People pass the front of the New York Stock Exchange in New York, Tuesday, March 21, 2023. Stocks are rising on Wall Street, including the banks most beaten down by the industry s crisis. AP
Authorities in leading economies have pledged support for depositors and troubled lenders in efforts to calm the markets following the recent collapse of Silicon Valley Bank and Signature Bank in the United States.
US Treasury Secretary Janet Yellen told a conference of American banks that authorities are ready to protect deposits at other smaller lenders if they face bank runs "that pose the risk of contagion", while adding the sector is now "stabilising".
"Our intervention was necessary to protect the broader US banking system," said Yellen, hinting further interventions could follow "if smaller institutions suffer deposit runs that pose the risk of contagion."
Deposit withdrawals have stabilised after US regulators stepped in last week to ensure SVB and Signature customers would still have access to their funds.
The US Federal Reserve has introduced a new lending tool for banks in an effort to prevent a repeat of SVB's quick demise.
It also launched a drive with other major central banks this week to improve banks' access to liquidity, action which Yellen said "reduced the risk of further bank failures."
The head of the American Bankers Association, Rob Nichols, said the sector "remains strong, resilient, well-capitalised, liquid and serves customers and communities extremely well".
Andrea Enria, head of the ECB Supervisory Board, told a European Parliament hearing that European banks still retained the "strong trust of depositors" despite a "period of turmoil," adding there was no sign of major outflows of deposits from European Union institutions.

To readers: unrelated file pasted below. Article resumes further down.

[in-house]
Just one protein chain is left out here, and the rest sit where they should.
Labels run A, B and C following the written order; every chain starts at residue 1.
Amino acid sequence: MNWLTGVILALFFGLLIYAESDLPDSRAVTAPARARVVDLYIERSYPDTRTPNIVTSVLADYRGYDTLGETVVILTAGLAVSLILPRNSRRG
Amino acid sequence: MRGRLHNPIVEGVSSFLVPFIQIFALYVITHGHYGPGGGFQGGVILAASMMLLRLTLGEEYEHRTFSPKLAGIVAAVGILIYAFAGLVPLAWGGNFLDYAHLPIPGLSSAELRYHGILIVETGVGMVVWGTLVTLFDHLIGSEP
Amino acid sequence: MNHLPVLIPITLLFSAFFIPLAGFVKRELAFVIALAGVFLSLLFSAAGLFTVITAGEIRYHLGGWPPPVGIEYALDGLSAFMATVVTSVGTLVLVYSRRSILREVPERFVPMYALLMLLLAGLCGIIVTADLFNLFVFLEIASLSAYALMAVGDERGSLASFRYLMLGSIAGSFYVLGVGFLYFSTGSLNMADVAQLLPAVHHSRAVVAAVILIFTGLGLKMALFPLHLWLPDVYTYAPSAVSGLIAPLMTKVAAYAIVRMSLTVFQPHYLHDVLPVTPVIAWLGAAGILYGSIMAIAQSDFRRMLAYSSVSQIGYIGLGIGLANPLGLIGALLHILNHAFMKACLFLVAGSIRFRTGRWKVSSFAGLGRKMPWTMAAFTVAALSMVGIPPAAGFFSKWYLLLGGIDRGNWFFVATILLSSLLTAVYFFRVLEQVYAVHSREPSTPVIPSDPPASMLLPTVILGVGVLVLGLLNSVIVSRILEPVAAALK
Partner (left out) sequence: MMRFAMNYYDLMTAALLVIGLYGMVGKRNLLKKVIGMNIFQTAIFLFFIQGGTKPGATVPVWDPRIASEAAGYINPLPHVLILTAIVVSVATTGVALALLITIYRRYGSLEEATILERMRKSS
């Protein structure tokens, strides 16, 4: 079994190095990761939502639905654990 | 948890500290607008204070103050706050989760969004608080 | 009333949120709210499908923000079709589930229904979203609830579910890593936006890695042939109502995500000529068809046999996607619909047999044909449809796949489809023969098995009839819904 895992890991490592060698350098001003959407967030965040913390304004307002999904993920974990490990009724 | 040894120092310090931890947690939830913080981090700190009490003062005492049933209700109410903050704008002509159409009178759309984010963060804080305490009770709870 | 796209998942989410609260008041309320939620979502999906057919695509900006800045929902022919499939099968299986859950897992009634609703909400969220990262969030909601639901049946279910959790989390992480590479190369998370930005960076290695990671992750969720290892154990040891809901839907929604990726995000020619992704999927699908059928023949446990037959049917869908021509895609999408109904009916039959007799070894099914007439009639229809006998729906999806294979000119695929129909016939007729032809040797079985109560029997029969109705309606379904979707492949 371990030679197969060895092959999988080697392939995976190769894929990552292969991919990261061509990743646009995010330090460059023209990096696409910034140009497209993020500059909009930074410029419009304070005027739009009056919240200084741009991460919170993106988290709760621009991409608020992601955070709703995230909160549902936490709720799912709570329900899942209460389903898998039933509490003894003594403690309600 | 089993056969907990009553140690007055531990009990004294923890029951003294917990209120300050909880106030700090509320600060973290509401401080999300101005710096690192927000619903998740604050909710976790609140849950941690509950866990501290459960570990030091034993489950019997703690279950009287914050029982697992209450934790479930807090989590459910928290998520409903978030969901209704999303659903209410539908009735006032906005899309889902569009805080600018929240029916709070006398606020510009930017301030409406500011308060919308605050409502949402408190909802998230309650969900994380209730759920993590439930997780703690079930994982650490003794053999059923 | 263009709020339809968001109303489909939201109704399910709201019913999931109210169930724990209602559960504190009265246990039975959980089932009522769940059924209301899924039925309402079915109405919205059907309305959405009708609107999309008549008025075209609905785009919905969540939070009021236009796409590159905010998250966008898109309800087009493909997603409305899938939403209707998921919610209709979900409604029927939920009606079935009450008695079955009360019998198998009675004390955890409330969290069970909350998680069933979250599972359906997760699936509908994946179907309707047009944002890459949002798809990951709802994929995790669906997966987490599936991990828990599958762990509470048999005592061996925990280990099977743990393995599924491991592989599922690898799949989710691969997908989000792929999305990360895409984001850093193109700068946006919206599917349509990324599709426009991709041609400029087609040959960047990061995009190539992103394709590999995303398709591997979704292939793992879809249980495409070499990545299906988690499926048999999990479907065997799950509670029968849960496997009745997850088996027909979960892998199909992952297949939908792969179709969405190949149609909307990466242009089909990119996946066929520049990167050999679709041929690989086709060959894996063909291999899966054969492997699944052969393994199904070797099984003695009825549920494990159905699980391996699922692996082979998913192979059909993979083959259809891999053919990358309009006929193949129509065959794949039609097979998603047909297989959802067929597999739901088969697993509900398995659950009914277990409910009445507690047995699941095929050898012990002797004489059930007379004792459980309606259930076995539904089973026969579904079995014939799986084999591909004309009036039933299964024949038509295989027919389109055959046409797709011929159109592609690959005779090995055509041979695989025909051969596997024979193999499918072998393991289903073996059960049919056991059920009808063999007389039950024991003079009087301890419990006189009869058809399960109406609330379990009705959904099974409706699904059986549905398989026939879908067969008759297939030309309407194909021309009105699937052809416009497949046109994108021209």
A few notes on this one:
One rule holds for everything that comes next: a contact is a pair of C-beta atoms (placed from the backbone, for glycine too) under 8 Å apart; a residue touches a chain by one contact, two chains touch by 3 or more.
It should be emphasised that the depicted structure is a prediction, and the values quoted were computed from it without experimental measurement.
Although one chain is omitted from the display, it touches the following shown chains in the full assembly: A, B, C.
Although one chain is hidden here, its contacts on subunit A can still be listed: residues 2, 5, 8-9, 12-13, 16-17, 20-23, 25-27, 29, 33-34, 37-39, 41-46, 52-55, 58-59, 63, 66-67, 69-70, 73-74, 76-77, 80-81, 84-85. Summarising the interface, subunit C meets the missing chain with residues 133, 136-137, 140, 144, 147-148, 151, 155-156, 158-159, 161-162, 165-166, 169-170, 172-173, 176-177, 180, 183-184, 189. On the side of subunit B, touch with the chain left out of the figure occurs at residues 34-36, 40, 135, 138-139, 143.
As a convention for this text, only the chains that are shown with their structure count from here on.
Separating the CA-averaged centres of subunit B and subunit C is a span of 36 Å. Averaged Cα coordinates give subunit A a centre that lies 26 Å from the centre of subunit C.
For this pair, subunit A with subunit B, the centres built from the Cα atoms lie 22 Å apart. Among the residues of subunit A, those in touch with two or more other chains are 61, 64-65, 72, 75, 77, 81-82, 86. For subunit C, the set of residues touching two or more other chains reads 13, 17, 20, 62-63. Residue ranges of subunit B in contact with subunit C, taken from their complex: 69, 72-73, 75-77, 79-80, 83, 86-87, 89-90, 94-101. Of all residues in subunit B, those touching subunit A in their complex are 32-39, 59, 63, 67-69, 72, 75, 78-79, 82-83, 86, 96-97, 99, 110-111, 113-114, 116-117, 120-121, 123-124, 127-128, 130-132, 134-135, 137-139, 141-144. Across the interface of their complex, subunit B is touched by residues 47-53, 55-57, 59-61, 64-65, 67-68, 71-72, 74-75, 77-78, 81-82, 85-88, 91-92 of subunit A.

The turmoil led to the Swiss government-backed buyout of troubled Credit Suisse by UBS for around $3.2 billion after frantic negotiations over the weekend.
But analysts warned it was too early to declare victory, with the Credit Suisse takeover raising questions about which bank could be next on the chopping block.
"It's been a wild couple of weeks and while I, along with everyone else, am hopeful that the worst is behind us, I can't say I'm particularly confident," said Craig Erlam, analyst at OANDA trading platform.
While authorities can be commended "for their firefighting skills, only time will tell if they've been successful in extinguishing the flames," he said.
Wall Street added half a percent two hours into trading while Europe's main indices finished around one and a half percent in the green as a relief rally continued following last week's drubbing, with European bank shares surging, notably Commerzbank and Barclays.
On Wall Street, shares of First Republic Bank rebounded by more than 40 percent as the Wall Street Journal reported that JPMorgan Chase was leading talks with other big banks on providing fresh support to the troubled lender.
Major US banks already agreed to inject $30 billion into First Republic last week.
The spotlight will turn to the US Federal Reserve on Wednesday, when it will announce its latest interest rate decision.
The upheaval in the banking sector has led traders to re-evaluate their bets on the Fed's plans, with speculation swirling that it could cut borrowing costs by the end of the year to provide further stability.
This would follow a series of aggressive rate hikes carried out by the Fed and other central banks since late 2021 aimed at cooling soaring inflation.
Before the banking sector's woes began, expectations were for US borrowing costs to go as high as six percent, but now forecasts are for them to end at around four percent from a current 4.5-4.75 percent.
Key figures around 1650 GMT
New York - Dow: UP 0.5 percent at 32,417.22 points
London - FTSE 100: UP 1.8 percent at 7,536.22 (close)
Frankfurt - DAX: UP 1.8 percent at 15,194.77 (close)
Paris - CAC 40: UP 1.4 percent at 7,112.91 (close)
EURO STOXX 50: UP 1.8 percent at 4,181.58
Hong Kong - Hang Seng Index: UP 1.4 percent at 19,258.76 (close)
Shanghai - Composite: UP 0.6 percent at 3,255.65 (close)
Tokyo - Nikkei 225: Closed for a holiday
Euro/dollar: UP at $1.0771 from $1.0726 on Monday
Pound/dollar: DOWN at $1.2187 from $1.2280
Euro/pound: UP at 88.35 pence from 87.32 pence
Dollar/yen: UP at 132.27 yen from 131.32 yen
Brent North Sea crude: UP 1.3 percent at $74.77 per barrel
West Texas Intermediate: UP 1.4 percent at $68.58 per barrel